If federal land management agencies are going to make the most of the $27 million in annual access dollars they will receive through a fully funded Land and Water Conservation Fund, they must digitize their access easements. Otherwise, they will not be able to efficiently see where they hold access across private lands or effectively prioritize future access acquisitions.

Truly Creating Access for All

Fortunately, the MAPLand Act would fix this challenge by providing resources and direction so that federal land management agencies can digitize their access easements within a three-year period and make that information available to the public.

When completed, everyone will easily be able to see where permanent public access has already been secured and where it has not, informing future land acquisition projects. This will also help the recreating public to understand where they have a legal right to use a road or trail and where they need to secure permission from a private landowner.

In addition, the MAPLand Act would require that rules related to recreational access on our public lands and waters is standardized and made available digitally. This would mean that smartphone applications and digital mapping systems, like onX Hunt, could reliably point to seasonal allowances and restrictions for vehicle use on public roads and trails, boundaries of areas where hunting or recreational shooting is regulated or closed, and portions of rivers and lakes on federal land that are closed to entry, closed to watercraft, or have horsepower limitations for watercraft.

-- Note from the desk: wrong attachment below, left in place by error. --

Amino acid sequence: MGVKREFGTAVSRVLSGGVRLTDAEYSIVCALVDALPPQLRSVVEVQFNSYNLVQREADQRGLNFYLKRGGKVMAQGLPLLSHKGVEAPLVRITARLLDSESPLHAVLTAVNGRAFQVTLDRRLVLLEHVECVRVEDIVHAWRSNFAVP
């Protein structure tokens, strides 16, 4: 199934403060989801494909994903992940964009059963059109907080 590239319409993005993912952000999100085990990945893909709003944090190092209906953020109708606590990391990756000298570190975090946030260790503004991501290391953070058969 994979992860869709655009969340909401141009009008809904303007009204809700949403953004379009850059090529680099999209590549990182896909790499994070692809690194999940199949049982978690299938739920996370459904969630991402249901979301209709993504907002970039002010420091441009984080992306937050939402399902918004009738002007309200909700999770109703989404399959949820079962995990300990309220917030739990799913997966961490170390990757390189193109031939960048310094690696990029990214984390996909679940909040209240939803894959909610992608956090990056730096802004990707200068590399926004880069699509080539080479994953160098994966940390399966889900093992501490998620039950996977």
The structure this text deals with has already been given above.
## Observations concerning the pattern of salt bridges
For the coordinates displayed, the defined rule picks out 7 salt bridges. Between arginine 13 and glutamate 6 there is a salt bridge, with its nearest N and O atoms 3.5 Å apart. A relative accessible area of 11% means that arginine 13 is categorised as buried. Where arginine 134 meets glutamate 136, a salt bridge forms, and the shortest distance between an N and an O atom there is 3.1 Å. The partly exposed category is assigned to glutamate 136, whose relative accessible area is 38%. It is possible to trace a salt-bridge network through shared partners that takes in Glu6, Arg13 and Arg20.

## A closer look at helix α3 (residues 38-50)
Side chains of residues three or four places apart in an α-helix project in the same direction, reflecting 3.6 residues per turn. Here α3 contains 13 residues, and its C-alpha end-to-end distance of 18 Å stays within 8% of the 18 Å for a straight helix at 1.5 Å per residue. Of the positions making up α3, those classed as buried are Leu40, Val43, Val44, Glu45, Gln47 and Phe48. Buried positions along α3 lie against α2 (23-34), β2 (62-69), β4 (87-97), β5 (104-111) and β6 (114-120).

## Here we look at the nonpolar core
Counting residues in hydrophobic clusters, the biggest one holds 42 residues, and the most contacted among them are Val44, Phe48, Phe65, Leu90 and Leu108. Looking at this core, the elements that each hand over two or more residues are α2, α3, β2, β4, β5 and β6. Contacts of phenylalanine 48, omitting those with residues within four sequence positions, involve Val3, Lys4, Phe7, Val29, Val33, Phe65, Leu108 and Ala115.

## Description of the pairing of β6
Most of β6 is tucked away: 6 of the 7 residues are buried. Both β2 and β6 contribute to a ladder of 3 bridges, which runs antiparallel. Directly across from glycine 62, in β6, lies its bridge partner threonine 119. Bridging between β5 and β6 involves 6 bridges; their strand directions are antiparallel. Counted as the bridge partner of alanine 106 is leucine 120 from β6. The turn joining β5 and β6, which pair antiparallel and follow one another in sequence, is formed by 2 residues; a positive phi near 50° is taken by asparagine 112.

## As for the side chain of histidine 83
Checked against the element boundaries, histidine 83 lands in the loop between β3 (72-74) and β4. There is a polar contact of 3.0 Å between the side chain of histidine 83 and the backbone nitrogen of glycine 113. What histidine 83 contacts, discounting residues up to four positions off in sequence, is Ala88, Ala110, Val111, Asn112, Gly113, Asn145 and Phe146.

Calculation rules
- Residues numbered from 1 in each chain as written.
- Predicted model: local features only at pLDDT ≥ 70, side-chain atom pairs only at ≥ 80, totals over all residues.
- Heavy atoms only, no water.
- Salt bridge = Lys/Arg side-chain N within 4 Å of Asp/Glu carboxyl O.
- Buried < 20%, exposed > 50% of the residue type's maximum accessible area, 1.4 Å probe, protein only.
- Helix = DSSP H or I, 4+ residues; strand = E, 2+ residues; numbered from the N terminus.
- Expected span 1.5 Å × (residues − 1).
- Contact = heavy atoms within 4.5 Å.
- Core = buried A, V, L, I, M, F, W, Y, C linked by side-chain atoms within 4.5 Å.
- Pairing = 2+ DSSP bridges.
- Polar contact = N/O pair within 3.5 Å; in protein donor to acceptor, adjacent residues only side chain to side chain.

Now that Congress has passed the Great American Outdoors Act and permanently committed to the maximum funding LWCF was meant to have, sportsmen and women need one more thing: Swift passage of the MAPLand Act to ensure that available access dollars can be used as effectively as possible to help you access your public lands.

Take action today to get your lawmakers on board.

 

Top photo by John Fowler via flickr.

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July 9, 2020

Preliminary Data Shows How Much Outdoor Recreation Economy Has Been Affected by COVID-19

As part of any economic recovery effort, Congress must invest in conservation that puts Americans back to work

On our social media channels, we’ve shared plenty of news stories that highlight the enthusiastic use of public lands and even an uptick in fishing participation during this pandemic. But, of course, it’s not all good news.

The Outdoor Recreation Roundtable recently released results from a national survey of its members, and the findings make a compelling case for why lawmakers need to invest in conservation to put Americans back to work.

According to respondents from 20 national outdoor recreation trade associations representing businesses with nearly 2 million employees, 89 percent of businesses are experiencing difficulty with production and distribution. A troubling 79 percent of these businesses have laid off or furloughed a portion of their workforce. And 89 percent of these businesses are experiencing a decrease in sales.